Thursday, March 3, 2016

#ThrowbackThursday - The Picture of Dorian Gray



It's Thursday! And I'm sitting at the library, hoping to get some work done for work...and also some Project 84 work done. I always seem to work better in a neutral setting, without the distractions of my house.

That being said, there is a local opera company about to perform 25 feet away from me...so it's safe to say I only have about 18 minutes before the lack of distraction idea becomes moot.

Opera is sort of a fitting backdrop, however, for today's #ThrowbackThursday post. For today, I'll be taking you back to the late 1800s. To a time of dandys and fops, a time of Victorian idealism and aestheticism (wasn't sure if that's a word, delighted to discover it is)...

And, in my life, it takes me back to being 16-years-old, ready to devour anything and everything even somewhat intellectual. I'm delighted by varying philosophies, still trying to figure out my own opinion, and I pick up a book that would change a lot of things for me: The Picture of Dorian Gray.



Every Literature student is drawn to the subject for a different reason. We all love to read, of course...but there's always that one author, that one inspiration that made you want to dive into that specific course of study. For some, it's Charles Dickens...others, Jane Austen (God knows why)...others, Shakespeare..

For me, it was Oscar Wilde. (And Shakespeare, but that's for another blog post...)

It started for me at 16-years-old when I picked up the movie Velvet Goldmine from my local Blockbuster. (Yep.) I had heard about it as "the movie where Jonathan Rhys Meyers gets naked with Ewan McGregor", so it wasn't a tough choice for me...

It's hard to explain the brilliance that is Velvet Goldmine if you haven't seen it. It's a movie about glam rock and glitter, about being young, about being yourself. It's strange and beautiful...one of my favorites. But this post isn't about Velvet Goldmine...it's about a little, 150 page novel that plays a small, tangential role in the movie. But it was this quote, spoken halfway through the film, that inspired me to pick up the novel:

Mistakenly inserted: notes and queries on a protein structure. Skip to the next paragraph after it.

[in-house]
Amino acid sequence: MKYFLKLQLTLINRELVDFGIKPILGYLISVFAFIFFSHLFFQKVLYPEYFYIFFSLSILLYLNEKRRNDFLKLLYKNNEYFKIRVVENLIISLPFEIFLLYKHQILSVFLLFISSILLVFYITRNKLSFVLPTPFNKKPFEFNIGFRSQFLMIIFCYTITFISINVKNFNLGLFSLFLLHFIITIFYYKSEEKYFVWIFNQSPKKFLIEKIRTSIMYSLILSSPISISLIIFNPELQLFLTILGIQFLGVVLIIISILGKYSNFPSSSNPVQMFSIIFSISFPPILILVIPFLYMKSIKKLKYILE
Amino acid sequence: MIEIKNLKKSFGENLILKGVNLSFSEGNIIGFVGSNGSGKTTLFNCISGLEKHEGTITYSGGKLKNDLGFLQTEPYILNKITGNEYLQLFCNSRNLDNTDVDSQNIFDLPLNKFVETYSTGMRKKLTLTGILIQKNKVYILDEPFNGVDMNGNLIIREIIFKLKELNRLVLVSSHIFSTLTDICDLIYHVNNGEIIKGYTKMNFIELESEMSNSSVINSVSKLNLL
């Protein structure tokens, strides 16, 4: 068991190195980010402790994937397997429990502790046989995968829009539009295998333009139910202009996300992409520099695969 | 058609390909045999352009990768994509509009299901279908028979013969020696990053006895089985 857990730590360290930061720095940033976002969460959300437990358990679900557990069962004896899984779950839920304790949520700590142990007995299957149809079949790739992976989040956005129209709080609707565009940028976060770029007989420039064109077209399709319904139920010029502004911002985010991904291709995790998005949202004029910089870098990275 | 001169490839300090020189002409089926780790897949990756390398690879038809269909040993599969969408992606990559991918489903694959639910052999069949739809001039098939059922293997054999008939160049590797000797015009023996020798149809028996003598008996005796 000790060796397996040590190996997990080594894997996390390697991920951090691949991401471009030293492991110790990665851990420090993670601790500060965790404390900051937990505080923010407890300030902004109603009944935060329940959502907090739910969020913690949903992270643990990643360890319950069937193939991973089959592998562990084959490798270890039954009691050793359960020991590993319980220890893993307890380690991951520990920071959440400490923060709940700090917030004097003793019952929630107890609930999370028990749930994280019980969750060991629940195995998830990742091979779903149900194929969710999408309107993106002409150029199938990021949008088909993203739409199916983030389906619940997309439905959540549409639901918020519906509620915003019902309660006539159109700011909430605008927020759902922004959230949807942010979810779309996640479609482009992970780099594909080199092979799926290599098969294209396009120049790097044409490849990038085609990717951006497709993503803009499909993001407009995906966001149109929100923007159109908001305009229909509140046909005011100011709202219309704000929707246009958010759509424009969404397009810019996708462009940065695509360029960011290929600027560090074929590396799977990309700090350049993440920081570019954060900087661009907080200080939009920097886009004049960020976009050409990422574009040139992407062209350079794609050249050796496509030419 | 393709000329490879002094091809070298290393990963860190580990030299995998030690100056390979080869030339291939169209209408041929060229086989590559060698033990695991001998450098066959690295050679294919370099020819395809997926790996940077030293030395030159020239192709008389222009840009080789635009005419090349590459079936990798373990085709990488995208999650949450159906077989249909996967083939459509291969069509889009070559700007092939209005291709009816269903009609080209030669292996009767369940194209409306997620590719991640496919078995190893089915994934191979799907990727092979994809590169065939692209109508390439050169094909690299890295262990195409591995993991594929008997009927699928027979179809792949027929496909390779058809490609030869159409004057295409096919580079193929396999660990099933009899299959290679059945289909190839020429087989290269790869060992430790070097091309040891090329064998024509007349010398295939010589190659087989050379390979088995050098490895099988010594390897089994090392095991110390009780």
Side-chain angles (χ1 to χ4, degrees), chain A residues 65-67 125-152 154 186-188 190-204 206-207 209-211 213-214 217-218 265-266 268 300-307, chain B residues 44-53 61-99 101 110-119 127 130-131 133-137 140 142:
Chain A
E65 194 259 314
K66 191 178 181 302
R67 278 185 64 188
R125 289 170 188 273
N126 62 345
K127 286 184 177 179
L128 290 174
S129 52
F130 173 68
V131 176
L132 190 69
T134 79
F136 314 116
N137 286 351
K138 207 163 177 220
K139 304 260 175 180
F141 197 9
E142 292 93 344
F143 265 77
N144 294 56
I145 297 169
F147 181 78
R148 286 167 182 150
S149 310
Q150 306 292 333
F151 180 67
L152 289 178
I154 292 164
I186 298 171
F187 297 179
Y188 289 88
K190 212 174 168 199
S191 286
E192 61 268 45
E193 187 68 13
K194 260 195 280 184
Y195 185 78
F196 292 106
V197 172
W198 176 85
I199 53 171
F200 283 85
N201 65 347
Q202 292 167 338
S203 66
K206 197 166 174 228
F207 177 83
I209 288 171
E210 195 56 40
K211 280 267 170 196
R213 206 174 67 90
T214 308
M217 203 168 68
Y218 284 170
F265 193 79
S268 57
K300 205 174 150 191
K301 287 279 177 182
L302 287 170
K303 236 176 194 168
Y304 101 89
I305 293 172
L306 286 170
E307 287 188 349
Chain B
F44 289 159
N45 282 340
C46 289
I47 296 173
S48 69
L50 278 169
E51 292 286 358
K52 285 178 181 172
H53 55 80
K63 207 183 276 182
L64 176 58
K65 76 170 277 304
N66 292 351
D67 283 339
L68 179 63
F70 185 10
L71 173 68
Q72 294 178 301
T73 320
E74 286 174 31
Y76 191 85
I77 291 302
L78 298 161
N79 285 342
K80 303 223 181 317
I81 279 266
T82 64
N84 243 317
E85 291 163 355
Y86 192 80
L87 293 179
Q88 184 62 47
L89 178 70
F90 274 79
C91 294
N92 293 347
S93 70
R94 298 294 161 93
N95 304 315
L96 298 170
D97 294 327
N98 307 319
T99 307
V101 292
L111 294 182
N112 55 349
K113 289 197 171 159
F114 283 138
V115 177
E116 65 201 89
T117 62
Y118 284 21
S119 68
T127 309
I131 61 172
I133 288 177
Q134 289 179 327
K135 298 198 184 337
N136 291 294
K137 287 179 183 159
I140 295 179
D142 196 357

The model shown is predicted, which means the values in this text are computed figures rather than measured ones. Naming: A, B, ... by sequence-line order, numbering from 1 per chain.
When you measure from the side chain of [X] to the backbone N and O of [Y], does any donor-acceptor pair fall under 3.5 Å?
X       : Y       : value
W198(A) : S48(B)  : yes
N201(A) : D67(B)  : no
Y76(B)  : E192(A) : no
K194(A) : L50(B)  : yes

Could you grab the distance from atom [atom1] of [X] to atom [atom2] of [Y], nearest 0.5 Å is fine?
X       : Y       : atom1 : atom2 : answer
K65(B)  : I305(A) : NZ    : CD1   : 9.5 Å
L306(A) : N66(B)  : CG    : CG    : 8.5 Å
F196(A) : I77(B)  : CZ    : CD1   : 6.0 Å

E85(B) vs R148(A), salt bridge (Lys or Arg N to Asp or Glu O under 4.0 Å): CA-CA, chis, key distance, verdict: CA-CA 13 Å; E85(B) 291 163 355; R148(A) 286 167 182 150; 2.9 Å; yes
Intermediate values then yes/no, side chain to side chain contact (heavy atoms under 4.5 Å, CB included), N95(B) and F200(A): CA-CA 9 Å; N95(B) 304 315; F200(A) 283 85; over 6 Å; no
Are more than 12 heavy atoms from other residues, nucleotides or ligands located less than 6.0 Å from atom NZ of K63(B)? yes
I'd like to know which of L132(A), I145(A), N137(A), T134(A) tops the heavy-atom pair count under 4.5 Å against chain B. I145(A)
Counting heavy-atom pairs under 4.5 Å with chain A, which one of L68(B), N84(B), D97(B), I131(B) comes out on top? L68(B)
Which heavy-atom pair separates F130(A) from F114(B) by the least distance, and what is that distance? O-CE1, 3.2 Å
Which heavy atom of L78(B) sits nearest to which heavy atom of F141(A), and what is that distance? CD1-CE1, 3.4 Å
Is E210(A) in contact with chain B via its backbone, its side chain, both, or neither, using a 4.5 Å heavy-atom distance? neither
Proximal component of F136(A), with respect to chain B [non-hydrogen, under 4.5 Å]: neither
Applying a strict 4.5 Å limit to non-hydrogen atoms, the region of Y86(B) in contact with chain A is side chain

"The world is changed because you are made of ivory and gold. The curves of your lips rewrite history."
Oh, this book...it's hard for me to speak of it without just gushing and being ridiculous, but it's the kind of book that inspires you to do that.

The plot is simple on the surface: a young man, Dorian Gray, wishes that a portrait of himself would age while he can remain the same. As Dorian travels on a path of hedonism and violence, he remains young and beautiful, while the painting becomes increasingly deformed and ugly with his horrible deeds.

So why do I love this book? It's tough to explain... It's beautifully written, so there's that. Everything Wilde is beautifully written. But there's a complexity to this book that I still haven't managed to resolve over 12 years later. It's always been tough for me to figure out what the point of this book is. At it's surface, it's a sort of morality tale...but knowing Oscar Wilde the way I now do, it's hard to believe he would write a true morality tale. Quite the opposite, most of me thinks that Oscar wrote to glorify Dorian, not condemn him...which brings up the ultimate question that led me down my literary path:

Do the effect of a piece of writing and the author's intention need to be synonymous?

If I hadn't chosen my more lucrative profession, I probably would have spent my 20s buried in Irish libraries writing a dissertation on the Aesthetics and Oscar Wilde...instead, I chose a career in sports journalism, and my fascination is relegated to #ThrowbackThursday posts on my literary blog.

If you haven't read The Picture of Dorian Gray, I can't recommend it enough. Read it, and then read everything else by Oscar Wilde. I'm biased, I know it, but I can't help myself. It's in my top 5 books of all time (probably top 2), and it's one of those novels I can read over and over again and always find something new.

Now, the opera's 10 minutes into their performance, and I should probably find my way to the library exit. Happy reading, everyone!

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